The majority of common human trait associated genetic variation appears to alter gene expression rather than protein structure. Despite substantial progress in mapping expression quantitative trait loci (eQTLs), there are significant gaps in our resources to interrogate the function of human noncoding genetic variation. For example, studying genetic variants that change expression only in activated cell states, or those whose function varies across developmental stages remains challenging. I will present two related pieces of work from our group that address some of these challenges using a model system based on human induced pluripotent stem cells (hIPSCs). In the first project, I will discuss using hIPSCs from hundreds of individuals differentiated to macrophages to map "response eQTLs" across scores of stimulated cell states. We show that, even within a single cell type, extensive disease relevant regulatory variation remains undiscovered. In the second project, I will discuss using “pooled” designs, where cell lines from multiple individuals are grown together and profiled using single cell RNA-seq. Here, we profile IPSCs differentiated to using an established dopaminergic protocol, and discover hundreds of disease relevant-associations that are not well captured by existing eQTL data bases, such as GTEx. I will also discuss some of the limitations of this system, such as extensive variation between lines in differentiation outcomes.

Daniel Gaffney earned his PhD in evolutionary genetics from Edinburgh University in 2006 under the supervision of Dr Peter Keightley. His graduate research used computational methods to study variation in the mutation rate and natural selection in noncoding DNA. From 2006 to 2008 he pursued a postdoc with Dr Jacek Majewski in McGill University and Genome Quebec Genome Centre, where he worked on the evolution of transcriptional regulation and alternative splicing in mammals. From 2008 until 2011 he worked on population genetic variation in gene expression and regulation with Dr Jonathan Pritchard at the University of Chicago.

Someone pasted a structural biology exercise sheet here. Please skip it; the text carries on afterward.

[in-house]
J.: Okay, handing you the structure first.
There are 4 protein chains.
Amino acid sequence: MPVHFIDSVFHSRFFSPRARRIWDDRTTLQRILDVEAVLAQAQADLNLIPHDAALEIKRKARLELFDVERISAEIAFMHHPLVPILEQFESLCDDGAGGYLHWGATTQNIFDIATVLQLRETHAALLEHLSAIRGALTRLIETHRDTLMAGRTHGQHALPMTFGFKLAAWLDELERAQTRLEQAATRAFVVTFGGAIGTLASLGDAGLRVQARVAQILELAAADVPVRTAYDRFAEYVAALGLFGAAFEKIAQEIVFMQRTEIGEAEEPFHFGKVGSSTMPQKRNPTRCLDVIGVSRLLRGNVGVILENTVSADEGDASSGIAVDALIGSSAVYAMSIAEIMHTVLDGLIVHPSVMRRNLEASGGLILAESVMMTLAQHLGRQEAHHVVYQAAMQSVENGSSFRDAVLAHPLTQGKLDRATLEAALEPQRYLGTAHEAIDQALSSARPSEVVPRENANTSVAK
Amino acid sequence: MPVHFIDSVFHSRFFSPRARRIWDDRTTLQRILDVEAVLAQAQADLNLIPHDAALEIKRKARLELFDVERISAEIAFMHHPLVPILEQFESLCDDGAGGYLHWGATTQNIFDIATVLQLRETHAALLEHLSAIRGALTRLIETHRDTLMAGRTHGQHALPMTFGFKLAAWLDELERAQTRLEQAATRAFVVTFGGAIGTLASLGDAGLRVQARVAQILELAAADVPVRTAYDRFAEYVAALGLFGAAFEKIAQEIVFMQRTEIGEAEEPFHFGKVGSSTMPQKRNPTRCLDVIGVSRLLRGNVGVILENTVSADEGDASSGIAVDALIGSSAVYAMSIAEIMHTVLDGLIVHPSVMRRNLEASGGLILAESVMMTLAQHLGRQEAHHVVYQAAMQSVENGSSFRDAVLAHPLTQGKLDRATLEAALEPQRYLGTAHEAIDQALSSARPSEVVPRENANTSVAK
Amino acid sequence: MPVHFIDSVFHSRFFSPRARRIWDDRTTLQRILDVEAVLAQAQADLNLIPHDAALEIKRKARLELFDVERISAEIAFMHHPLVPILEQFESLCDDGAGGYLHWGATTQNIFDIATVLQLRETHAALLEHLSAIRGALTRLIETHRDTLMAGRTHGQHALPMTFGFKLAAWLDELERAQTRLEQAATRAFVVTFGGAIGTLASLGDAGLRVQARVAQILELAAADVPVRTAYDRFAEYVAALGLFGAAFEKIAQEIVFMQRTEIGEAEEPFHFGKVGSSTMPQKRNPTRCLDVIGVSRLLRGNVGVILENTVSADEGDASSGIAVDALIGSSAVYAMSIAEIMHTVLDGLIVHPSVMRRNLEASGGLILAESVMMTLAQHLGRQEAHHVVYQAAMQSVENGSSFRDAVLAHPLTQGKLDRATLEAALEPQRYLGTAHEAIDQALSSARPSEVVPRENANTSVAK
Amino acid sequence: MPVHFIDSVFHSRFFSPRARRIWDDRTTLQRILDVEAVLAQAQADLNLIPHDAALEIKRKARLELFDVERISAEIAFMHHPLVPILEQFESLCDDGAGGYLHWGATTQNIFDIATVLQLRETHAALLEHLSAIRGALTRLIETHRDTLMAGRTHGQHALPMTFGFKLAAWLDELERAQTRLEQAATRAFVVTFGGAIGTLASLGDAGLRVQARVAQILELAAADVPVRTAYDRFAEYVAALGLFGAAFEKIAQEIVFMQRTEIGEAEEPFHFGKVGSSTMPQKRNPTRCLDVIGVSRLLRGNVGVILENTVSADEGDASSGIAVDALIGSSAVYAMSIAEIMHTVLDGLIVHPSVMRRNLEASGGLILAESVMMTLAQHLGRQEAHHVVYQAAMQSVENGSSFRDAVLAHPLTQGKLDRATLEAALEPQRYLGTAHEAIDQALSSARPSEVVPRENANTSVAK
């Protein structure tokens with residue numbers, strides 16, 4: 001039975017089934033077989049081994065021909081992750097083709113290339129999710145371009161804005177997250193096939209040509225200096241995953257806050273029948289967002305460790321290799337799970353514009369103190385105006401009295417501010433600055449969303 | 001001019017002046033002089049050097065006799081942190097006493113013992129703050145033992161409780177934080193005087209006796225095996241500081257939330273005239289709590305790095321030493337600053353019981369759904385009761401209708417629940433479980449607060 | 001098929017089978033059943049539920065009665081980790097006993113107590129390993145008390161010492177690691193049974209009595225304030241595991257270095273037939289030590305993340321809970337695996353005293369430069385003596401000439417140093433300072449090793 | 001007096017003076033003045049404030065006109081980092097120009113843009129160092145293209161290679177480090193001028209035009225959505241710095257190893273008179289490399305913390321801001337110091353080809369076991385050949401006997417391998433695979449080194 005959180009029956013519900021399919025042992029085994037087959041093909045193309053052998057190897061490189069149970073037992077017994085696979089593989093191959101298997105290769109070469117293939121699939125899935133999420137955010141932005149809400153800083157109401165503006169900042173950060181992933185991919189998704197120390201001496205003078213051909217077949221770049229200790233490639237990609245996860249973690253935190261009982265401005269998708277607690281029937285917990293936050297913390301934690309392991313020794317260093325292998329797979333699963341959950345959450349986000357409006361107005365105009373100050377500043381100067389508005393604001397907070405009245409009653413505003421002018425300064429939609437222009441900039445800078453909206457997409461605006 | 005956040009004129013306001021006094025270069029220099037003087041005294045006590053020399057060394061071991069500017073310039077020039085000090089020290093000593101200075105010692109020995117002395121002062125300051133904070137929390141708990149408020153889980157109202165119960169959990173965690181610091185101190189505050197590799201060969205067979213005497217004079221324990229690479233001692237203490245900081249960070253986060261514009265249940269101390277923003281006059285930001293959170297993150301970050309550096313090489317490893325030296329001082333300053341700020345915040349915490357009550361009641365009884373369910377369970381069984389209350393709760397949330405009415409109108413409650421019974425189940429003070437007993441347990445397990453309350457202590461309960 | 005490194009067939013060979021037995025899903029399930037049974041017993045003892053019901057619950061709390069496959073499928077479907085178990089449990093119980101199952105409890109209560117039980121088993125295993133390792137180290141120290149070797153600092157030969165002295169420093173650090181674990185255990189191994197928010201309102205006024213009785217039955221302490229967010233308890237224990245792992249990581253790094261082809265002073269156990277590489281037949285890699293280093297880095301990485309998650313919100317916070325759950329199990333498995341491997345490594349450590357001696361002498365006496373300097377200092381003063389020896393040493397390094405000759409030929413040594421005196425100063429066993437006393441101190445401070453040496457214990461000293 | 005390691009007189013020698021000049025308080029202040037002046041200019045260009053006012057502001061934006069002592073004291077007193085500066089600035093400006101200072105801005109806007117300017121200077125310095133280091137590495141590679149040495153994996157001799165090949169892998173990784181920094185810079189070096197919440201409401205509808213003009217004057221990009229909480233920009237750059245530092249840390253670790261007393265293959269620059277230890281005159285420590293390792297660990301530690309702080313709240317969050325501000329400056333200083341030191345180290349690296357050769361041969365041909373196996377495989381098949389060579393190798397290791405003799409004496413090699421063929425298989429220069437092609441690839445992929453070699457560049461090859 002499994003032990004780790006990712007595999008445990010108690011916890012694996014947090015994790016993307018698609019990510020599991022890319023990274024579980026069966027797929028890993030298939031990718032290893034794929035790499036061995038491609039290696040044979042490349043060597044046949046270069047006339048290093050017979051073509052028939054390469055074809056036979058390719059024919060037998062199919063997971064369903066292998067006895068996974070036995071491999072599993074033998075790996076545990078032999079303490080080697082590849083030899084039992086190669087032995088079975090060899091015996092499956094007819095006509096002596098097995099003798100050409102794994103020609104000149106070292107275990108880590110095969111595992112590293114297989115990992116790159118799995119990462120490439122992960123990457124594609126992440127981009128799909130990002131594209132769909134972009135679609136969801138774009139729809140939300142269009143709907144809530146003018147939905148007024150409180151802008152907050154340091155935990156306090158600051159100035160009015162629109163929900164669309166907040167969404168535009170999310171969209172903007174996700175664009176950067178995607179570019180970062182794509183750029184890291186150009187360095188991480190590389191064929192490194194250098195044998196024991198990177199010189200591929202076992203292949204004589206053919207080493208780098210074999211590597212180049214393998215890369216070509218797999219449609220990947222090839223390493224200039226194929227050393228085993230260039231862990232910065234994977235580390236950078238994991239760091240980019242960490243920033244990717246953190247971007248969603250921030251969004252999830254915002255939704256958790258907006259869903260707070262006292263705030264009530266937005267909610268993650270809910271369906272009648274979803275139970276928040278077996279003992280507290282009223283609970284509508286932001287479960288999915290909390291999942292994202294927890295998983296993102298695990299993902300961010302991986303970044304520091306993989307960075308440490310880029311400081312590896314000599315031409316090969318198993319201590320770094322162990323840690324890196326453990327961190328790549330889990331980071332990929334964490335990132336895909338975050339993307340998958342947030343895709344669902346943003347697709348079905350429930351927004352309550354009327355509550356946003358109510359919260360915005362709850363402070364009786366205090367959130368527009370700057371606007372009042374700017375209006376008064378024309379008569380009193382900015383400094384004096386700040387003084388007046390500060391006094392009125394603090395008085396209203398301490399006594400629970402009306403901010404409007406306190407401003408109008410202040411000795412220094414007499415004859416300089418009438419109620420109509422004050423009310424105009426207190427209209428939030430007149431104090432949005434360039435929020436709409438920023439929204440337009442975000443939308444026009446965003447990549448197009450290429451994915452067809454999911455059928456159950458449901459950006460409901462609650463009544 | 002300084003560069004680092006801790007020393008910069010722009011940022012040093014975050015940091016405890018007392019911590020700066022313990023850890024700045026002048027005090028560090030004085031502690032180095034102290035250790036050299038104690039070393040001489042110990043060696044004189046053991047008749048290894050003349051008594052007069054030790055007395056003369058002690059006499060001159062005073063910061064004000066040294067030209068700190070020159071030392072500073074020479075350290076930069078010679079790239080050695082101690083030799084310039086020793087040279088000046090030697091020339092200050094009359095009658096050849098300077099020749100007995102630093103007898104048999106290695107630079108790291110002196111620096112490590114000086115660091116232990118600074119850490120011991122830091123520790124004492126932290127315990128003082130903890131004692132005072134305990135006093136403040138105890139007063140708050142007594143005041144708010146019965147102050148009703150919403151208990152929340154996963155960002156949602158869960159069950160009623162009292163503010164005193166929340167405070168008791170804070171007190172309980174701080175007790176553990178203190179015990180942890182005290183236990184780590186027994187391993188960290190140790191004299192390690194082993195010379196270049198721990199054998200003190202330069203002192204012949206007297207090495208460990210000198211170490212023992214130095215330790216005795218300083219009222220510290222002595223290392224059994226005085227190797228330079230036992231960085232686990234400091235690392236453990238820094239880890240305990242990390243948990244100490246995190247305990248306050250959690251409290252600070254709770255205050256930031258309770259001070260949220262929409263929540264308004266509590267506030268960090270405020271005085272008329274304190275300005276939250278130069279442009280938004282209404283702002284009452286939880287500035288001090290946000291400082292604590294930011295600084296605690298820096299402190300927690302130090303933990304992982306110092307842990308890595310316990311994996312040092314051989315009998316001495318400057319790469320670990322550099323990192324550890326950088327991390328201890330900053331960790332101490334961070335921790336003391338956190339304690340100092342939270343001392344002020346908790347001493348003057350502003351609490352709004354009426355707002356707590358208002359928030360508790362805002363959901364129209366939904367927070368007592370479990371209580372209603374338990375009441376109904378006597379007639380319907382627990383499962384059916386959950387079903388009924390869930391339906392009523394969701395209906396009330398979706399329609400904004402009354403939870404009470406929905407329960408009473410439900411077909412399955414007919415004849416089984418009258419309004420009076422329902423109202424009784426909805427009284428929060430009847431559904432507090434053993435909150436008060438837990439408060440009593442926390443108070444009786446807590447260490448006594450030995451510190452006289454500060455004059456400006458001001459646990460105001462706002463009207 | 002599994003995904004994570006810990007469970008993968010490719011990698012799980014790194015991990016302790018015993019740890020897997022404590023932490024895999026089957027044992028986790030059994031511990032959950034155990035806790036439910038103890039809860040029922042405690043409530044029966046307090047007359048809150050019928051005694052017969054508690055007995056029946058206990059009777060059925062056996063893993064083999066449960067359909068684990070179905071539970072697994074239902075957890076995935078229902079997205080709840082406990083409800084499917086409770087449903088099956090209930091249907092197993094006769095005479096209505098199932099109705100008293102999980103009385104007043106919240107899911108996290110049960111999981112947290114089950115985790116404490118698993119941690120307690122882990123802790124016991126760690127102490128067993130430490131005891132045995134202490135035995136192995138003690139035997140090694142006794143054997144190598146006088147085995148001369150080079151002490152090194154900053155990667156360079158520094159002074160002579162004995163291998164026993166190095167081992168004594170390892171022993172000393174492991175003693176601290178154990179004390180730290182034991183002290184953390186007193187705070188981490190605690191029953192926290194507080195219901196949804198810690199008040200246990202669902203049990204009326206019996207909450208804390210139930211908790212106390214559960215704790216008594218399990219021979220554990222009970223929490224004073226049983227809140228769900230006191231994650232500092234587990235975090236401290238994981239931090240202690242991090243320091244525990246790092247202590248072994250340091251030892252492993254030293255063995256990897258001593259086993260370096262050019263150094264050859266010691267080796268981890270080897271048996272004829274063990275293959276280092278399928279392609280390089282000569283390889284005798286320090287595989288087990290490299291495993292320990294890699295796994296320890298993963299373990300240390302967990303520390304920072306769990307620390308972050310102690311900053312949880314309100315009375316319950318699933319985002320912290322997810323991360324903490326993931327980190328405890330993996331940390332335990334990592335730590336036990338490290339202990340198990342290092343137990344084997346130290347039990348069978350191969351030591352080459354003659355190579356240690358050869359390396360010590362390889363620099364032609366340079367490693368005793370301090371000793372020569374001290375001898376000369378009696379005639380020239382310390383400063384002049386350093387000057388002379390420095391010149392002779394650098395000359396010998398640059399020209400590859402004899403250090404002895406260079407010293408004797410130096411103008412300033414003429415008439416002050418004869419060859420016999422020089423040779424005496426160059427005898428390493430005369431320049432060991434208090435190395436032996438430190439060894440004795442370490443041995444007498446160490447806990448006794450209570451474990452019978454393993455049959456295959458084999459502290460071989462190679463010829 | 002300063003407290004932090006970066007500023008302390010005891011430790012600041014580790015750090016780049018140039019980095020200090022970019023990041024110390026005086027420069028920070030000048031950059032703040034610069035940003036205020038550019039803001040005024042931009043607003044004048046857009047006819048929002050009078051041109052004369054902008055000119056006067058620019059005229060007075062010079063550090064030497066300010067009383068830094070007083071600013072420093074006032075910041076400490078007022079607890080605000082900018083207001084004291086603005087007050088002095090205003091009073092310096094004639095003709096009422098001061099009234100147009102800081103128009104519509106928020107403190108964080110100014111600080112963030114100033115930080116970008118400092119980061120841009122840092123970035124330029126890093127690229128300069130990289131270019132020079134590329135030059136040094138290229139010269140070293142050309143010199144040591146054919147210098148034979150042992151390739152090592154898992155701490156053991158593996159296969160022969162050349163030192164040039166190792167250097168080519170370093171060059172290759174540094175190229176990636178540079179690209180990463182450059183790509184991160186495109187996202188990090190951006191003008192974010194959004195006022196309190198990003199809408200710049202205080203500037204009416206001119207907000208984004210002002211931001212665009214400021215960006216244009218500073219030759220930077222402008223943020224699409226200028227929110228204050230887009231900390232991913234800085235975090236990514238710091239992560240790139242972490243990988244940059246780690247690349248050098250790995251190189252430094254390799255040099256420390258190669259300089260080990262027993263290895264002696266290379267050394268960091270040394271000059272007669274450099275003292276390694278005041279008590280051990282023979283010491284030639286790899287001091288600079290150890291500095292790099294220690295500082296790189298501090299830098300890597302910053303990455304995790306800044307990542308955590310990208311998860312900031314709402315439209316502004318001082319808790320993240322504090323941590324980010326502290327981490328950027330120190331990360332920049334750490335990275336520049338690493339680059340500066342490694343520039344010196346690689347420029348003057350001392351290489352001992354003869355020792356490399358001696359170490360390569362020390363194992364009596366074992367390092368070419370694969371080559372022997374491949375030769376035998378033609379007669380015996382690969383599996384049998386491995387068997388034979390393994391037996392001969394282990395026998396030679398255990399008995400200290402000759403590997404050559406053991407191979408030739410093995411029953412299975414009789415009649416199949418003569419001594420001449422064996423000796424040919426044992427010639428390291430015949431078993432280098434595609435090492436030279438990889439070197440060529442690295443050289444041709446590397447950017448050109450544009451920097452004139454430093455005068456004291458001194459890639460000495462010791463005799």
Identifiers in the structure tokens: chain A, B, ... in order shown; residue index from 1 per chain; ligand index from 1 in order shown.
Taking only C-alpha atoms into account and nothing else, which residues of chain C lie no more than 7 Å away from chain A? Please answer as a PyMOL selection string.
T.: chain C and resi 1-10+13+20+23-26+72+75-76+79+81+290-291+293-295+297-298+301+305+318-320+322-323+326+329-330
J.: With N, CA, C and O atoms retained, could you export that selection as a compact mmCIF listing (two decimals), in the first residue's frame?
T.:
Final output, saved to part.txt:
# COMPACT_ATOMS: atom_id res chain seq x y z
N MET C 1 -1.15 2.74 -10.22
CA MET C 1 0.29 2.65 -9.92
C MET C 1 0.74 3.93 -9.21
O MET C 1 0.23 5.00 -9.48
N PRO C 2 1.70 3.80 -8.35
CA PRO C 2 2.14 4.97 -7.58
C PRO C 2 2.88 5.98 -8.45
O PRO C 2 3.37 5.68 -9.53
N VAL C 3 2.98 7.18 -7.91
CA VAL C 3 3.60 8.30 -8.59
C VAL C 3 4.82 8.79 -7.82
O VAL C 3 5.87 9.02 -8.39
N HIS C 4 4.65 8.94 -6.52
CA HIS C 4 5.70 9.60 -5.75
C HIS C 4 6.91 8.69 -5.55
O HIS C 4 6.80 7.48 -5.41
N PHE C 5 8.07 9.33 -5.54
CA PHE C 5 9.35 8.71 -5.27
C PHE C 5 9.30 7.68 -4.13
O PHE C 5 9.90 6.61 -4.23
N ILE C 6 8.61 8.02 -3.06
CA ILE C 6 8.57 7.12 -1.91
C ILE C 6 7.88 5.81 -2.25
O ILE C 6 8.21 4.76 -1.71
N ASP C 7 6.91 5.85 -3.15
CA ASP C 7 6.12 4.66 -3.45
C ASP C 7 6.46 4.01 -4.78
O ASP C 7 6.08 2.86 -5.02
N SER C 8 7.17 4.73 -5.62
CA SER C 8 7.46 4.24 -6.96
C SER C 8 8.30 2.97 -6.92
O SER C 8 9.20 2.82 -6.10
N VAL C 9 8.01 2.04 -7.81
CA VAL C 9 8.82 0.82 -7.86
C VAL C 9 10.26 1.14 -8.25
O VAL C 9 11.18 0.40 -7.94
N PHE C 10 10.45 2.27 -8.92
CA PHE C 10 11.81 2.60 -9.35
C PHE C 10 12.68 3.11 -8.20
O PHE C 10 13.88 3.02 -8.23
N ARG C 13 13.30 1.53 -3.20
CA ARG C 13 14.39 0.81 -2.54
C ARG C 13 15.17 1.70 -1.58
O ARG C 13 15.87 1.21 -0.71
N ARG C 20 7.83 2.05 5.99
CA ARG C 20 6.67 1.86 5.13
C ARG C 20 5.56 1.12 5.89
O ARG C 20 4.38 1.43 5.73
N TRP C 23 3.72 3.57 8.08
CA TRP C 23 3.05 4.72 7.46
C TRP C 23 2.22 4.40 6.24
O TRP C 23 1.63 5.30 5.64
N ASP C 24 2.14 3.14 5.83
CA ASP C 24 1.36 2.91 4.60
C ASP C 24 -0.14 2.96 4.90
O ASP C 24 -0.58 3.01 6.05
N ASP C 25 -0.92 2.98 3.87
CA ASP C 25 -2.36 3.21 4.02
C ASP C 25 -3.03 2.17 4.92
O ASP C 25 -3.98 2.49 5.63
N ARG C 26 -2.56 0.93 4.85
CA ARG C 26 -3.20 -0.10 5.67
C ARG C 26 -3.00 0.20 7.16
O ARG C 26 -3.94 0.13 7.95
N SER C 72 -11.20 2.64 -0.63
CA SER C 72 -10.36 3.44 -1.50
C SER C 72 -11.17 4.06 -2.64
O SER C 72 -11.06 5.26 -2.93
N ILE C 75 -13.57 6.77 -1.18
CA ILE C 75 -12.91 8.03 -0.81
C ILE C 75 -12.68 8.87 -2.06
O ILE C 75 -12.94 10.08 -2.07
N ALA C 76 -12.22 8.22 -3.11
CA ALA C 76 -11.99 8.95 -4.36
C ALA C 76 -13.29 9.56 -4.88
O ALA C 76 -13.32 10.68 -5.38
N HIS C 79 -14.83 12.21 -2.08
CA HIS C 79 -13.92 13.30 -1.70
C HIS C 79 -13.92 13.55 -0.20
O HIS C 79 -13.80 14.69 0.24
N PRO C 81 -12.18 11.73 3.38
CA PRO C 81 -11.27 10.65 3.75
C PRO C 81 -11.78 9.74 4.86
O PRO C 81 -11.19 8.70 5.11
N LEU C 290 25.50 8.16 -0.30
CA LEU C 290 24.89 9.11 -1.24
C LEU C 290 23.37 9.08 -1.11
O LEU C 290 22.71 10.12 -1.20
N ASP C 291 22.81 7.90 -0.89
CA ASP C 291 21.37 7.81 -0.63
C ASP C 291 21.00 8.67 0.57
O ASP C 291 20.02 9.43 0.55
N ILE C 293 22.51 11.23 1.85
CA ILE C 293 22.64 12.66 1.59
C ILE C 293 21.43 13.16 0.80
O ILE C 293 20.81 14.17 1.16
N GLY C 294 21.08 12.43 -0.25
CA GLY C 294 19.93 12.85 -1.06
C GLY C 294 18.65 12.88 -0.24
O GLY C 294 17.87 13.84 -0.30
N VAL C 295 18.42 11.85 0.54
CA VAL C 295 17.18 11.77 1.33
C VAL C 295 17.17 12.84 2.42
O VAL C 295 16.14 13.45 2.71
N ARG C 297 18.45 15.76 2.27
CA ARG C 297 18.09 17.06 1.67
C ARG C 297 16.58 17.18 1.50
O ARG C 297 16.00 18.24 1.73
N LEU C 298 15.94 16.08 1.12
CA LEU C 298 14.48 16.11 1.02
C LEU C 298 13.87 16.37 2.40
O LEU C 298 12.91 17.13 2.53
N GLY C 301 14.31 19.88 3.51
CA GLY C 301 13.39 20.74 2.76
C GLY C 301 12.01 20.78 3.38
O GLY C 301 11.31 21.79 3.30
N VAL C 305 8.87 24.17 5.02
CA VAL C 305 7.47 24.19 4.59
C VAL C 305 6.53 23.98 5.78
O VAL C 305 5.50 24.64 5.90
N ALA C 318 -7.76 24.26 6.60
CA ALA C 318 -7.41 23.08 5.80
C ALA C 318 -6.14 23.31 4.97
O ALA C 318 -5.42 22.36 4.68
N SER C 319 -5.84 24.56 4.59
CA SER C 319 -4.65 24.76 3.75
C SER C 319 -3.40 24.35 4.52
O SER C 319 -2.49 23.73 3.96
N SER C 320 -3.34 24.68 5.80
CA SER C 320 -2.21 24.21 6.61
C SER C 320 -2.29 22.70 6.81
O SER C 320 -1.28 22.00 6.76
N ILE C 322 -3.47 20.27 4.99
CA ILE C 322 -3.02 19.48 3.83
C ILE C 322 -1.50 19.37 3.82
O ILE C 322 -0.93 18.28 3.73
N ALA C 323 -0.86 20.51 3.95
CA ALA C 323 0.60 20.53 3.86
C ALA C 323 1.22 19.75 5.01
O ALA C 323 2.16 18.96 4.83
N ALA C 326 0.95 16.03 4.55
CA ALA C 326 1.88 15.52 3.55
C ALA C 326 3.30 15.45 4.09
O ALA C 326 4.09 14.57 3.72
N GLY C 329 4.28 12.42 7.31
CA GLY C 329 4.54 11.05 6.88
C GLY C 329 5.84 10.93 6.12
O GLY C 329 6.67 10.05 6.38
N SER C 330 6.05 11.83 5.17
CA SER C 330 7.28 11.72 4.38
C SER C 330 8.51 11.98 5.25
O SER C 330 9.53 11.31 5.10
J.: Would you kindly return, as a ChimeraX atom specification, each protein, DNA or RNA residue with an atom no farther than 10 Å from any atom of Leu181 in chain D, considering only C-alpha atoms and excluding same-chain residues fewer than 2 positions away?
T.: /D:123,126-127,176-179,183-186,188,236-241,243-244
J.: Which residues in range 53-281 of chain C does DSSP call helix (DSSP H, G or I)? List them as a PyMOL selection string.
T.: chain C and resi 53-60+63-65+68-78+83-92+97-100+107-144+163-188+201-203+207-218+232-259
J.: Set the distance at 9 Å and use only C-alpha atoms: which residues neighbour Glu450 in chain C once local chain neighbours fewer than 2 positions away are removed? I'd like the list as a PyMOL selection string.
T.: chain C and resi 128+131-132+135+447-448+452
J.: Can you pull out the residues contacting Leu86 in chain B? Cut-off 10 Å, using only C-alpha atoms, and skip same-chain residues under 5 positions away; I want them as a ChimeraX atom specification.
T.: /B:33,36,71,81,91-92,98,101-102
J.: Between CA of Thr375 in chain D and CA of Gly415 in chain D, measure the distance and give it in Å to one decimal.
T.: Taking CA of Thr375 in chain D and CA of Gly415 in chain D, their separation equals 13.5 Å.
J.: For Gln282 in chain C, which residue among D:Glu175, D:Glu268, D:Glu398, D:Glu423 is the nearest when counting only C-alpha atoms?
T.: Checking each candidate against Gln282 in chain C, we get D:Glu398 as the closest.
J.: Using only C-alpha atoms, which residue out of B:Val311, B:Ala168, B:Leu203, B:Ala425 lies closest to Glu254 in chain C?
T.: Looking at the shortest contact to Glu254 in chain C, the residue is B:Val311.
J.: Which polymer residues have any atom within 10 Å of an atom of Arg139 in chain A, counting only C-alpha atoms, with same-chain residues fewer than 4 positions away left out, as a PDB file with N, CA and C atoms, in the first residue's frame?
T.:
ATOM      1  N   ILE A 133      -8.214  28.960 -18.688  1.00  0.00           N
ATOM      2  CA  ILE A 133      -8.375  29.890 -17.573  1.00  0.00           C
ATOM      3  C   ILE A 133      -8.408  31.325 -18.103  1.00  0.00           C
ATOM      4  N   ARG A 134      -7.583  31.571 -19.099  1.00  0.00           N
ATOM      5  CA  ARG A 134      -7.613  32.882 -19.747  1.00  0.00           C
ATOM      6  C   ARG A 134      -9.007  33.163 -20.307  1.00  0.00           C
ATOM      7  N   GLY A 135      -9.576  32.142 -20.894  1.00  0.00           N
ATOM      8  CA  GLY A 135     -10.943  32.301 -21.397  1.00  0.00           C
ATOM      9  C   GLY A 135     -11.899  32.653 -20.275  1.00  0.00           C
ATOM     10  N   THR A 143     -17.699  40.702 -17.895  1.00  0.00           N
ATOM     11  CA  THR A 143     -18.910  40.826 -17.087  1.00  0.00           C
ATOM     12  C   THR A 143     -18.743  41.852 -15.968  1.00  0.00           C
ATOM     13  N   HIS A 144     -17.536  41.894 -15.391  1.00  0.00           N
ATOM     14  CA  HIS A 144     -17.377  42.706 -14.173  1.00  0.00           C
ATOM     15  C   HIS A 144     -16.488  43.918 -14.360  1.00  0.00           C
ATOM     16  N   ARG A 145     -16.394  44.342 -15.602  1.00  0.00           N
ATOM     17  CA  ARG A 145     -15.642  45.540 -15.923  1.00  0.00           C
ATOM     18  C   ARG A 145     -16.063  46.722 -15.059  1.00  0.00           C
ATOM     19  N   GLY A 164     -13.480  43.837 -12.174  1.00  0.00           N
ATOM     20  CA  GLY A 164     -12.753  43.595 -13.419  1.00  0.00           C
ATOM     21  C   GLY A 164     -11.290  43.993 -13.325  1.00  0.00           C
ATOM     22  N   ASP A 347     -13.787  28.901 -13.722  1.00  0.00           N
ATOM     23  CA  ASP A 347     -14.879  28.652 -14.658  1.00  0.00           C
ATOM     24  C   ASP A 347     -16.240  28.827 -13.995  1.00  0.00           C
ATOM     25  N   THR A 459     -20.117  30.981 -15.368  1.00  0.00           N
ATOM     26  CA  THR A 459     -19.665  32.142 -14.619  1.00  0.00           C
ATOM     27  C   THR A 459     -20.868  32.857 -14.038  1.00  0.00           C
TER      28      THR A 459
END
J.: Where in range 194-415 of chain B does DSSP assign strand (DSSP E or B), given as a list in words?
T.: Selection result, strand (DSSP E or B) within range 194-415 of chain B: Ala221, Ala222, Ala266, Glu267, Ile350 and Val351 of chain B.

In July 2011 Daniel Gaffney started as a Career Development Fellowship Group Leader at the Wellcome Sanger Institute and was promoted to Group Leader in October 2015. The long-term goal of the group is to understand the molecular and cellular consequences of genetic changes in gene regulatory regions. His research combines statistical genetics with high-throughput experimental techniques in human cells to address these questions. Much of the group’s recent research has been focussed on using human induced pluripotent stem cells (hIPSCs) and cells derived from hIPSCs as model systems to map and characterise human noncoding genetic changes.

Zoom link (with registration) for attending remotely: https://go.epfl.ch/EPFLBioETalks

IMPORTANT NOTICE: due to restrictions resulting from the ongoing Covid-19 situation, this seminar can be followed via Zoom web-streaming only, following prior one-time registration through the link above.
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IGM Colloquium: Performing art improvisation techniques for mechanical engineering design teaching and learning

Prof. Simon Henein, Patek Philippe Chair in Micromechanical and Horological Design, EPFL School of Engineering (STI), Institute of Microengineering (IMT)

In 2017 Prof. Henein initiated a new course bridging the Engineering and Humanities faculties at EPFL: Collective Creation: Improvised Arts and Engineering (Improgineering). This year-long course, is part of EPFL’s Social and Human Sciences (SHS) program. It is open to all first-year Master’s students, with classes held once a week throughout the academic year. The course is hosted and supported by the Centre d’art scénique contemporain (ARSENIC) in Lausanne, a well-known incubator of contemporary performing arts. The course examines the creative processes in science, engineering and the performing
arts (dance, music, theatre) and put them in perspective with the design approaches used in engineering.